Rhythm and Vines challenges prevailing trends
Rhythm and Vines has challenged trends, traditions and expectations since it was established at the Waiohika Estate just outside Gisborne in 2003. 
This year several high profile festivals have been cancelled across the country, and Gisborne now ranks at the bottom of most economic performance indicators. These factors have only encouraged festival founder Hamish Pinkham and his team to re-scope and revitalise R&V. “We’ve created a safe, sustainable model that we hope will continue to perform for the next dozen years and beyond,” explains Pinkham. “We’ve taken R&V back to its roots.”
The refreshed R&V has broader appeal than ever, with a wider mix of musical genres, new “Giggle & Vines” comedy showcase, and a craft beer garden. It’s expected to draw 15,000 people to Gisborne, and generate a further $12 million for the local economy. 
“The real economic impact in the Gisborne region is likely to be around $40 million, once you calculate the dollar being spent three times in the region,” says Pinkham. “We’ll employ up to 800 people when the festival is in full swing. There’s a great pool of talented people in Gisborne, and over the last few years we’ve focused on sourcing as many staff from the region as possible. Additionally, thirty of our major suppliers are Gisborne companies.”
“R&V is vitally important to this district, both for the short term economic boost, but also the long term tourism and business potential,” says Steve Breen, CEO of regional economic development agency Activate Tair?whiti. “R&V showcases the best of Gisborne to thousands of people each year - it’s for the region to attract them back, whether it’s as tourists, or to invest or live here. The true value that R&V delivers is immense.”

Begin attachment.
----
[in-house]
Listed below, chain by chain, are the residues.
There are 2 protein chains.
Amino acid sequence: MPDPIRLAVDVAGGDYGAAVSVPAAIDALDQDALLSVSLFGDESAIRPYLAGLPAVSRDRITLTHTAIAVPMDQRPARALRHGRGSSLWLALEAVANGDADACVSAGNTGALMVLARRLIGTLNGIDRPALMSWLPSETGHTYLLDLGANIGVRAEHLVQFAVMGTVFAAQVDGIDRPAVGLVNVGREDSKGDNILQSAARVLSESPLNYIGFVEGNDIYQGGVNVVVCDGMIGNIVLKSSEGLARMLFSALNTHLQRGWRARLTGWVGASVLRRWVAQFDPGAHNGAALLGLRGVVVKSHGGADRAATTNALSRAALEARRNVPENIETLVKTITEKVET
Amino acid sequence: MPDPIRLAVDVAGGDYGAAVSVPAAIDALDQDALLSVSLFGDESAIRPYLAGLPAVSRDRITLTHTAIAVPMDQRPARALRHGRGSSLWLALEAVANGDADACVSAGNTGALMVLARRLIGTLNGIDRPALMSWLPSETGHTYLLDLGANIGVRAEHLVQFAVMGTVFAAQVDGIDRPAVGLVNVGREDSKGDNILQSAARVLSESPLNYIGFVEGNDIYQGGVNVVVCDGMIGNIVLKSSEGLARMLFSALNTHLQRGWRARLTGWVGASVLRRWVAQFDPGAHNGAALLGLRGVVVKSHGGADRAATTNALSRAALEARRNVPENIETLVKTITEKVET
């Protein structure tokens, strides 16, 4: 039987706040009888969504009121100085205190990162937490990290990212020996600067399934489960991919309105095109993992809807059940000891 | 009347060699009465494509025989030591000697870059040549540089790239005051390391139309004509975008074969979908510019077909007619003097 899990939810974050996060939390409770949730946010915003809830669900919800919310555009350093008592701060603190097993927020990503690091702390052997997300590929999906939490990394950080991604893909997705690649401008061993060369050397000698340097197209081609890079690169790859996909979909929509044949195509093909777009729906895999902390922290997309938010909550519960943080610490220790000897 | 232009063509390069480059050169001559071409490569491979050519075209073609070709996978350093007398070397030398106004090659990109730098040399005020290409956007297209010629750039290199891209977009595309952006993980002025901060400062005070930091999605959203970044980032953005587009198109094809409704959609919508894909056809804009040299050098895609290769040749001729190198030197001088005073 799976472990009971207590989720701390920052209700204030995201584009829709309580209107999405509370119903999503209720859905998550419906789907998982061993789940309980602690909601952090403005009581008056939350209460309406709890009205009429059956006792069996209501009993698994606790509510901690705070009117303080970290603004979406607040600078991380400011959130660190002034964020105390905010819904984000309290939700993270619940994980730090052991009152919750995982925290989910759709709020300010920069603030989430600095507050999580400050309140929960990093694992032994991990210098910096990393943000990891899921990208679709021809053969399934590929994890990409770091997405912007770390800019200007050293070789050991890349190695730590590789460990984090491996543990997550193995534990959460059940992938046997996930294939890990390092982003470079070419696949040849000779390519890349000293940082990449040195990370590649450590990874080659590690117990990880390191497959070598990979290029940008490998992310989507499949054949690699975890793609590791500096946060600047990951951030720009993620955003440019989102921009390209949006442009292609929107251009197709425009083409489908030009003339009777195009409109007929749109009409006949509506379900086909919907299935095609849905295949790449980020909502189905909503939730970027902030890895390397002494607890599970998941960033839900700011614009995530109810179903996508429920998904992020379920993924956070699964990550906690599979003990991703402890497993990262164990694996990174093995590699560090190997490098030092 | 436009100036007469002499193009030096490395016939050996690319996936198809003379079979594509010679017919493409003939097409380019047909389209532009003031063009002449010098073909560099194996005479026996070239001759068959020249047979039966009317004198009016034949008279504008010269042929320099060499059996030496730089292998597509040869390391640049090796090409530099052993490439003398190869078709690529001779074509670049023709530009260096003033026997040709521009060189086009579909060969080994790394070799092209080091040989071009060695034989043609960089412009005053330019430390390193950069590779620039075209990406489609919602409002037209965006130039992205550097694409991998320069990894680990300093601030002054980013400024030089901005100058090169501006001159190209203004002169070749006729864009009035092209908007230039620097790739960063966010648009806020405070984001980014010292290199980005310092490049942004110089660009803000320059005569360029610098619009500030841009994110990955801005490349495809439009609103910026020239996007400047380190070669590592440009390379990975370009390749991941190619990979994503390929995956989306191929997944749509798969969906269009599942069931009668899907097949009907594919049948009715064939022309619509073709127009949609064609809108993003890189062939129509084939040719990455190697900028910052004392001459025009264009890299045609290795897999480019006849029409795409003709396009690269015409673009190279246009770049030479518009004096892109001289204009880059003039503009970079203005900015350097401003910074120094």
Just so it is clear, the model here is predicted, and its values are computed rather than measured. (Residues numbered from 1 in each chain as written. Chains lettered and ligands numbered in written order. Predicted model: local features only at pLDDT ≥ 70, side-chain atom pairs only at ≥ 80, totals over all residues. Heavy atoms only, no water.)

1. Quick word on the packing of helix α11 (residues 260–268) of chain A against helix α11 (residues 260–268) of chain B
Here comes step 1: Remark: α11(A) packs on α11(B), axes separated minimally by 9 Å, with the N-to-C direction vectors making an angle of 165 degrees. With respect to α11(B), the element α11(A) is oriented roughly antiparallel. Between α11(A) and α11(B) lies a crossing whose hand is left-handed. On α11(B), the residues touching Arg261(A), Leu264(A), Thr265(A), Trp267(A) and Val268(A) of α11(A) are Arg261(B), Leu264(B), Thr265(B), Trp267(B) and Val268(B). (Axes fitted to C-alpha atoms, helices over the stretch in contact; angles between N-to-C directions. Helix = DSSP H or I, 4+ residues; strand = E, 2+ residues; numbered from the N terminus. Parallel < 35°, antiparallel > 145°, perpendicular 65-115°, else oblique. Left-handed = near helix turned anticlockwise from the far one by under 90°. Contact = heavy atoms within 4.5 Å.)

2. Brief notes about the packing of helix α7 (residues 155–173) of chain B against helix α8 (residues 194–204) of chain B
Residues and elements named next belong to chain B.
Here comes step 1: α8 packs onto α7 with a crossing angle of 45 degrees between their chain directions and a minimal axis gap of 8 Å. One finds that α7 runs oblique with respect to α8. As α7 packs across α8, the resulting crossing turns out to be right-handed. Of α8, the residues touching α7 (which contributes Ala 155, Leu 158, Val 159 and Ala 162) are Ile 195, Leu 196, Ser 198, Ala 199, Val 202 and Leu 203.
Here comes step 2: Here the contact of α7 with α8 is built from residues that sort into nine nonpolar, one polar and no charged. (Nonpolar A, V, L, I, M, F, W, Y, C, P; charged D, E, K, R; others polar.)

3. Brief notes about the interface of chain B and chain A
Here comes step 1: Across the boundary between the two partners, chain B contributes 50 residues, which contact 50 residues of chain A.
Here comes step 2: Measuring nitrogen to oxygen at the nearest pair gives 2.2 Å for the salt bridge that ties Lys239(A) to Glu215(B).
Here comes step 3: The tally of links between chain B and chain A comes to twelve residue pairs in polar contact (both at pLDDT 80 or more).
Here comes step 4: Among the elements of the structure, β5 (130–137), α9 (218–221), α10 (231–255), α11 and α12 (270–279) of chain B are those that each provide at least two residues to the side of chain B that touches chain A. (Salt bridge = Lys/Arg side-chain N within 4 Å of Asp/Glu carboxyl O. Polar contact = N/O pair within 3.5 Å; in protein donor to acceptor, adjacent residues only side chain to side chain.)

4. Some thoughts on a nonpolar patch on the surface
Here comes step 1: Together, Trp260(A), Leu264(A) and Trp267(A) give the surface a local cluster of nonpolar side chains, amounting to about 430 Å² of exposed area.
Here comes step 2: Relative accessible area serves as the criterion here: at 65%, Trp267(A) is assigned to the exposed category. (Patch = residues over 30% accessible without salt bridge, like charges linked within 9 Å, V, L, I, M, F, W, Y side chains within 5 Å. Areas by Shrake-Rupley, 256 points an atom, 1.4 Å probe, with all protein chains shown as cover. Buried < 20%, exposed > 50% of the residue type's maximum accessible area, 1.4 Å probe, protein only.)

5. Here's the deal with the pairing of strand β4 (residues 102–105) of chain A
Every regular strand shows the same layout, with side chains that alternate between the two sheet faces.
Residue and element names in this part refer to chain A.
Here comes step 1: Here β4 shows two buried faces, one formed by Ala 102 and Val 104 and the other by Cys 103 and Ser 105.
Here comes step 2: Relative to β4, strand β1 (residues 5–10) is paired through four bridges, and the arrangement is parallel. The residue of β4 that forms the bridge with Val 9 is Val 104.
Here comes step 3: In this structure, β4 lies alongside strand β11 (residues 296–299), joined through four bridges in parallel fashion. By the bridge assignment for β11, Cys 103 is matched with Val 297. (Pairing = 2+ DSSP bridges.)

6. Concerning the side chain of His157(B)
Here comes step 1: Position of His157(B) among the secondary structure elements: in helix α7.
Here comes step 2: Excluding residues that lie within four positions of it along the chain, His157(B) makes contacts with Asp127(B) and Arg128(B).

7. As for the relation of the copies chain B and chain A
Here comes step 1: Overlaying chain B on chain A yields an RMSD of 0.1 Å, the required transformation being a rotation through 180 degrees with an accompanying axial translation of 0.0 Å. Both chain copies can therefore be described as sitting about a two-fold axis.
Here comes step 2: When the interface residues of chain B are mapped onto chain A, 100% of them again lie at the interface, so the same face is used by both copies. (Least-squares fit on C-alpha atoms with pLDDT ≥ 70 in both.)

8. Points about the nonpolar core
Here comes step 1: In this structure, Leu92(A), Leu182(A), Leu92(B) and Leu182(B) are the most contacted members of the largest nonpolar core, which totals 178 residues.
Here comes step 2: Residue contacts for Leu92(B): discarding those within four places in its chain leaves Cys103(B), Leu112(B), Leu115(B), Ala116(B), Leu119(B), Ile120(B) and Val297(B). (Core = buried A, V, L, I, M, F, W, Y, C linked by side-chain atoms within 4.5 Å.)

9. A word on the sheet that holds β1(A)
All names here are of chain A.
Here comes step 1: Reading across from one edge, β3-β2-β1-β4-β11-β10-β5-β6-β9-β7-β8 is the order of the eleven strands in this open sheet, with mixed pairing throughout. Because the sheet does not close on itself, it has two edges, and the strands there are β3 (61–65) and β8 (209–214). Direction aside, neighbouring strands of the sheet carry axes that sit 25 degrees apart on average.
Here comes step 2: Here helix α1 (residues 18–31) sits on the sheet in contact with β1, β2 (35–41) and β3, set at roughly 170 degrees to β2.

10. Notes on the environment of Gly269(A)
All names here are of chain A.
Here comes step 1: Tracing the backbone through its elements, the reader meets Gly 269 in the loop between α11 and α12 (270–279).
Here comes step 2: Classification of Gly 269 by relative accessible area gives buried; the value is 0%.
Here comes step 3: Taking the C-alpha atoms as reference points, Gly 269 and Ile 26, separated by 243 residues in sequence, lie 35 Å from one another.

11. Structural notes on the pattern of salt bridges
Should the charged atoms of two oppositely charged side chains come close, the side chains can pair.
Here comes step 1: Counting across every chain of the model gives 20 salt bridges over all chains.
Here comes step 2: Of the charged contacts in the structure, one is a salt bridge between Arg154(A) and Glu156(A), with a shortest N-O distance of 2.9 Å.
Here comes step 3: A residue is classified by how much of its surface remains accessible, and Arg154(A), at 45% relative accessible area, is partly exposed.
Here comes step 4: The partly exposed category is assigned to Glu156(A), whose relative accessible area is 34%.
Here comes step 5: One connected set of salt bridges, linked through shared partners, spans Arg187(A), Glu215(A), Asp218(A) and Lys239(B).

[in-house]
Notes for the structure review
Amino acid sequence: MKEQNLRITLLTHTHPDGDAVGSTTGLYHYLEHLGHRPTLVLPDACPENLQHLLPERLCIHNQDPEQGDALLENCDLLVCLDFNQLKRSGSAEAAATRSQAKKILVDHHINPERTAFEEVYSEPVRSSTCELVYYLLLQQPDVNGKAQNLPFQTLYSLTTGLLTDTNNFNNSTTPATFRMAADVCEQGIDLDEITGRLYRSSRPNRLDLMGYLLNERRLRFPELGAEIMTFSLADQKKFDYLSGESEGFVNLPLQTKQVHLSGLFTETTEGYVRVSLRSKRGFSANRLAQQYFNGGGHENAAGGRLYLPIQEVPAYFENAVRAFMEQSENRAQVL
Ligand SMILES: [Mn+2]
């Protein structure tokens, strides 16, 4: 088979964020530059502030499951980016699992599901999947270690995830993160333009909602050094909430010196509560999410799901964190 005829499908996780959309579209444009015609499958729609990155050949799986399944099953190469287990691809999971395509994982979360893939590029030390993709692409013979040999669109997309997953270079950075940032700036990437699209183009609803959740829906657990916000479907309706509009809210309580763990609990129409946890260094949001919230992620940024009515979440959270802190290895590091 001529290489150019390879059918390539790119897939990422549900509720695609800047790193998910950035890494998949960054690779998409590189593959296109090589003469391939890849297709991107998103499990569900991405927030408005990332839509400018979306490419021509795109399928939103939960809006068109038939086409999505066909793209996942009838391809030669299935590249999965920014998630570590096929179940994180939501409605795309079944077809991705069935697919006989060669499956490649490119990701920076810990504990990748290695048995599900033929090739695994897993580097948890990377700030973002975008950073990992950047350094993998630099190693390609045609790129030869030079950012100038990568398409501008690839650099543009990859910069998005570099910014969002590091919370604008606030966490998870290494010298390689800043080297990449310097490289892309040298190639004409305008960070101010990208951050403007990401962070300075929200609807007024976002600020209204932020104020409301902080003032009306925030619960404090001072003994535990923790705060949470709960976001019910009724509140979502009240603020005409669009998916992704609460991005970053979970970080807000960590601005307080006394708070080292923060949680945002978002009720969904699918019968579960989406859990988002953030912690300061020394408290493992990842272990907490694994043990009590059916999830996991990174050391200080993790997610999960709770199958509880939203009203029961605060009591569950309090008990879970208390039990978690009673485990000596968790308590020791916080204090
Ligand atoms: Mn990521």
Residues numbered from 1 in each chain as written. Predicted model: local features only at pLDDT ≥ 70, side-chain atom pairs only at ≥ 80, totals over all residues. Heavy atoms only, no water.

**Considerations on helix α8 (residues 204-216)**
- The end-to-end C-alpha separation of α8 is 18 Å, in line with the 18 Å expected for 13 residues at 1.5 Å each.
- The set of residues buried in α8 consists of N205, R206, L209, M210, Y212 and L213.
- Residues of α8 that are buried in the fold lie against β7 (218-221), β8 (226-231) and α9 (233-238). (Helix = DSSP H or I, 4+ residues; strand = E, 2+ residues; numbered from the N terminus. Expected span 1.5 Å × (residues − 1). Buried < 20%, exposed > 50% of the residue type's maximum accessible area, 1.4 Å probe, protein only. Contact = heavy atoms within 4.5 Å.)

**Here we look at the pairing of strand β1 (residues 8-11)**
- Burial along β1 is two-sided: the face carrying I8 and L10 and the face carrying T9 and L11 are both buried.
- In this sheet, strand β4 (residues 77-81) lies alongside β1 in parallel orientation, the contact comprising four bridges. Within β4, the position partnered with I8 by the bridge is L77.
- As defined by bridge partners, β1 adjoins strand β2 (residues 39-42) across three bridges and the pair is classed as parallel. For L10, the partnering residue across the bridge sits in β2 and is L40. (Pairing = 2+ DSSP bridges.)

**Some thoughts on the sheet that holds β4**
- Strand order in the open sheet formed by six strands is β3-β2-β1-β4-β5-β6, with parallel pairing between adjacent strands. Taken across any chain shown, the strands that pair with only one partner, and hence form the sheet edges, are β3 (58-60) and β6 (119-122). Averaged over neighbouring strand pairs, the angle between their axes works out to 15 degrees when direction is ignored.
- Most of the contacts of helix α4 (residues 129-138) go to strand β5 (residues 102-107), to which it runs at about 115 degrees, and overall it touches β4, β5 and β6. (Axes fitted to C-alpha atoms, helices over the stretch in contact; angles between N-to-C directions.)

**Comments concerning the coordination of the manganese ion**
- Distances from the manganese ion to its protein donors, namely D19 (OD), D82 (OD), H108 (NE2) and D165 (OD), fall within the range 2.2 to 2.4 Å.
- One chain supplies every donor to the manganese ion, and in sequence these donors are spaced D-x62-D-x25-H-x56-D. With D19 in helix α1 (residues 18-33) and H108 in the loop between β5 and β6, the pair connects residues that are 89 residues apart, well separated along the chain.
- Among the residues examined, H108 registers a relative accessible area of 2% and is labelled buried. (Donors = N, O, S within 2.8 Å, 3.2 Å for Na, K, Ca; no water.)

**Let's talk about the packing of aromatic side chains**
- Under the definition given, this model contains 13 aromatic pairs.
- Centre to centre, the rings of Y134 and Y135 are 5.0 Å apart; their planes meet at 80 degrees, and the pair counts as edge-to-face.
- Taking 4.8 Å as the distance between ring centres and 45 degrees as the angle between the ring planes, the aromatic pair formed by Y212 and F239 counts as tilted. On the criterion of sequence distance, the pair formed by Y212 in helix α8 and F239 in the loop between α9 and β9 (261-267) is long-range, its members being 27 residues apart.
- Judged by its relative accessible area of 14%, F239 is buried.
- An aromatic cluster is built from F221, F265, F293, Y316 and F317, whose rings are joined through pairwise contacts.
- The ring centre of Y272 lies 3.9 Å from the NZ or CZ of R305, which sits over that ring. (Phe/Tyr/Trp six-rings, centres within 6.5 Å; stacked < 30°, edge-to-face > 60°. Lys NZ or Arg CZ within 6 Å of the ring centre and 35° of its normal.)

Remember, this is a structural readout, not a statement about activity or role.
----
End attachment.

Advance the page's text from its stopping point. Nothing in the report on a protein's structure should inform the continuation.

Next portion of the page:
Out of the 15,000 people who are expected at R&V this year, Pinkham estimates as few as 5-10% will be locals. “Previous years’ stats suggest around 90% live elsewhere in New Zealand and overseas. Our ticket sales figures show that 51% of ticket purchases come from Auckland, 11% from Wellington, 8% from Waikato and 9% of ticket sales are from overseas. Two thousand VIP Vintage Club tickets will go to a slightly older, discerning crowd with higher disposable income.”
The region’s tourism body, Tourism Eastland, is one of the many longtime local supporters of R&V. “This event is the start of the busiest time of year for our visitor sector,” comments Tourism Eastland CEO Stuart Perry. “We support R&V in particular because of the organisers’ excellent track record over many years, and the event brings in thousands of people to the businesses in town.”
Pinkham adds that the location of the festival is an integral part of what makes it so unique, and so popular year after year. “The beaches and vineyards, the friendliness of the locals, the fact that it’s first to see the sun, all combine to create a special atmosphere. New Zealanders who wouldn’t otherwise come to Gisborne not only visit, they take away lifelong memories of the place and many end up returning.”